The partisan squabbling over the killing of Osama bin Laden is a typical election-year distraction, effectively squelching discussion of more important matters one year after the execution of the al-Qaeda chief executive.
Aided by cable-TV talking heads, Americans are spending too much time speculating over whether presumptive Republican presidential nominee Mitt Romney would have given the order to get bin Laden, and also issuing paeans to President Obama’s “courage.” (We have a strange notion of courage. Did Obama risk his own life? Of course not. He was safe in the White House Situation Room. Perhaps he “risked” his political career, but even that isn’t certain. A failed operation might have won him sympathy for a good try. On the other hand, the men under his command were ordered to risk their lives and the lives of others.)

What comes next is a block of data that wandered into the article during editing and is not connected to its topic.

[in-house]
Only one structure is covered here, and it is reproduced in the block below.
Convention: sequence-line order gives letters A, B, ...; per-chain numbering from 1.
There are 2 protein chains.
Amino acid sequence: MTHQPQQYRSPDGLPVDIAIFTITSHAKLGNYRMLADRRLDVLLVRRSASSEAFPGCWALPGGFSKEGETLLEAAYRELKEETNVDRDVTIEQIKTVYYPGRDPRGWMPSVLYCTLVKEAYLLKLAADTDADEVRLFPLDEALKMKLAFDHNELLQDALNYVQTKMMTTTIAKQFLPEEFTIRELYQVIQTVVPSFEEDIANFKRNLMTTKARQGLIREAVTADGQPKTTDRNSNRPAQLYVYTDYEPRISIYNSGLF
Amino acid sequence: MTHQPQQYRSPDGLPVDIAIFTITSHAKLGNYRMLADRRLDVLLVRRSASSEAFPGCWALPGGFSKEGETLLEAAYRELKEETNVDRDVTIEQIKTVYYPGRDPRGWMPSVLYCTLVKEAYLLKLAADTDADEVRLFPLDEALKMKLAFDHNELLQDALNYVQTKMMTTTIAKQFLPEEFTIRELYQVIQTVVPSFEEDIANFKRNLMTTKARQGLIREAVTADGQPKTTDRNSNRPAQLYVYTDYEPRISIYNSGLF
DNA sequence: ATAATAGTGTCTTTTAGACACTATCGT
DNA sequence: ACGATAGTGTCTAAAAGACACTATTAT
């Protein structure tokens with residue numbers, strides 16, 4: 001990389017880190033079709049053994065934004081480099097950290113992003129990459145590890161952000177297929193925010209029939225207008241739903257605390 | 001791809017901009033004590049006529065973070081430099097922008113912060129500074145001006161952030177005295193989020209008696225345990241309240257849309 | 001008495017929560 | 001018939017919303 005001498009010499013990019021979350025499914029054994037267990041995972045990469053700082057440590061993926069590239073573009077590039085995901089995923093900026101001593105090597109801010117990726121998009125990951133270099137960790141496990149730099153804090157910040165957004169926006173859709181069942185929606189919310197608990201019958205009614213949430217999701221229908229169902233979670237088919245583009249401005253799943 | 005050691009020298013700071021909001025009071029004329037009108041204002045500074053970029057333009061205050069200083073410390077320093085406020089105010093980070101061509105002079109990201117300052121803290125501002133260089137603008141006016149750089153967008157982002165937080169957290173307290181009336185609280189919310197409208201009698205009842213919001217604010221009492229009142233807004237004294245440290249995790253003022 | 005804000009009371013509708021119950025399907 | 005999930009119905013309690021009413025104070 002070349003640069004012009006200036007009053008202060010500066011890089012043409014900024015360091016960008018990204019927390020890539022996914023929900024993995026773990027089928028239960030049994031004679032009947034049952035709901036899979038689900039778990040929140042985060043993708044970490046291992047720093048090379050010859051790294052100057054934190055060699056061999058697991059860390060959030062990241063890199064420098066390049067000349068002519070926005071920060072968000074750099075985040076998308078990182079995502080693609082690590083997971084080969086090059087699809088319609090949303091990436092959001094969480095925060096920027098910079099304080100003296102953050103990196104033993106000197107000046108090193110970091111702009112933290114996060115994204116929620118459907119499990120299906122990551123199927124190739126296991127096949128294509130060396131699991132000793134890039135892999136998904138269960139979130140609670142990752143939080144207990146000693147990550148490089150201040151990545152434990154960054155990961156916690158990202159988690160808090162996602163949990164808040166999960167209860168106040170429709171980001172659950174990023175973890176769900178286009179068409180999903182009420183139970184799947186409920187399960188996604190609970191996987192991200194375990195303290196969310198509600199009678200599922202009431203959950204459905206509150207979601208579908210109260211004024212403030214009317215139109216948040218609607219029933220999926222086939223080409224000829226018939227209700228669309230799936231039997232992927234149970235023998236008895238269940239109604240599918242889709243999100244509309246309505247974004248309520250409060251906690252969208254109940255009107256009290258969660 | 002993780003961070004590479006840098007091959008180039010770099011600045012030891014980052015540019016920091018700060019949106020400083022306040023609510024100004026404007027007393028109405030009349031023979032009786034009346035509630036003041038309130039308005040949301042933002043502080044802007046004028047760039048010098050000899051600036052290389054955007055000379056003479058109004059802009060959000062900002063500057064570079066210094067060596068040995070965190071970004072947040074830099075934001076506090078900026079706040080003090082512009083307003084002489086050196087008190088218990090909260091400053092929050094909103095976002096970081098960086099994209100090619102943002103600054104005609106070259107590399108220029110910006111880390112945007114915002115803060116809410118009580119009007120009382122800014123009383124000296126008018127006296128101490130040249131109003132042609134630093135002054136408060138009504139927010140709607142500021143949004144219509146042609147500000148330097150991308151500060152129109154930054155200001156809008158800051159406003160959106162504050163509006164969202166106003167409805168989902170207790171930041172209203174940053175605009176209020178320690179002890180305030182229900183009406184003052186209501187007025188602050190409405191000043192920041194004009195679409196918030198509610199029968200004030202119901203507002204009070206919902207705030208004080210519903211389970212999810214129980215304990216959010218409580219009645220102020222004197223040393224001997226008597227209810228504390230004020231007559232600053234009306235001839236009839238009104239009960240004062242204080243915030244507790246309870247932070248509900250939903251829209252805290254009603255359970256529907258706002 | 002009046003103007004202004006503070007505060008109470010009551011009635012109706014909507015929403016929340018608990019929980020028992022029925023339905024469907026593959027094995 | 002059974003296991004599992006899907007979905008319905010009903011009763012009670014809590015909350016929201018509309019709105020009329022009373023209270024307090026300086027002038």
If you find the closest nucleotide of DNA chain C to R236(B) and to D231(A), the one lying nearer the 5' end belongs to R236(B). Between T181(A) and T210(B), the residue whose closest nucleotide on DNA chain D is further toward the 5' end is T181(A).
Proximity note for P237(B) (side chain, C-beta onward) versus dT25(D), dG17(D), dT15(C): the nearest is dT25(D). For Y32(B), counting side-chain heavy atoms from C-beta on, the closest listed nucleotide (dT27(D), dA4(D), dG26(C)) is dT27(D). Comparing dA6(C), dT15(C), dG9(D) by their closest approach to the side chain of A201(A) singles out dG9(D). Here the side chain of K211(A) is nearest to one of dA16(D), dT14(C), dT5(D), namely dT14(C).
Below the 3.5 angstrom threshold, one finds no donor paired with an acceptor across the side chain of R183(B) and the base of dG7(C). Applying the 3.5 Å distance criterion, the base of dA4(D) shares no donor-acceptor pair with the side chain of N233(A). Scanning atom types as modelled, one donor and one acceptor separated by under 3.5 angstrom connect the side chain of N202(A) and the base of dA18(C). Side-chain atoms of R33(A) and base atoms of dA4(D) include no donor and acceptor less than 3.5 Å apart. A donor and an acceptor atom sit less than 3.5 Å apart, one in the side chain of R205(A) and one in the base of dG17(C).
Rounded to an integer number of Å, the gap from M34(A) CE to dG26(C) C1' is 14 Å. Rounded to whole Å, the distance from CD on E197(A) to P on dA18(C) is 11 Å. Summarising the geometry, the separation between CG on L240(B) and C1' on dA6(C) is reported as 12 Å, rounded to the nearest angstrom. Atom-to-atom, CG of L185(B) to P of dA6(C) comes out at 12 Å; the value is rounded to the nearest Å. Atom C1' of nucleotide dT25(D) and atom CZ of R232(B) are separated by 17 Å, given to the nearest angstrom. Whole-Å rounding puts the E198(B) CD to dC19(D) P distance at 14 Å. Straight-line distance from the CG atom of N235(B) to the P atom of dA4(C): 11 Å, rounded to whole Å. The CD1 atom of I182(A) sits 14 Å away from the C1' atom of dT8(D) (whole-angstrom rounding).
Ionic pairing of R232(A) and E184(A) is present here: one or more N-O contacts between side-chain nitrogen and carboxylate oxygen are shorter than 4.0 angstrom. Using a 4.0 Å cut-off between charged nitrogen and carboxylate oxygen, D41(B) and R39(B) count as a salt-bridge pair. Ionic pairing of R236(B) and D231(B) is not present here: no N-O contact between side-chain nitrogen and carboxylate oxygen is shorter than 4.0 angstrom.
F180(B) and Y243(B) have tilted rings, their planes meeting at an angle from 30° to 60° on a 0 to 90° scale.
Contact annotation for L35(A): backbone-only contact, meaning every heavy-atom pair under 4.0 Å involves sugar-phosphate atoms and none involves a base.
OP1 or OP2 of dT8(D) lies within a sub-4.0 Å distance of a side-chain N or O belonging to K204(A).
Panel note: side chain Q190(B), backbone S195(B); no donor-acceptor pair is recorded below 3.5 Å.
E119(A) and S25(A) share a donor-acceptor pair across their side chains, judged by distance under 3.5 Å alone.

While the commentators are engaged in trivialities, big foreign-policy questions are ignored.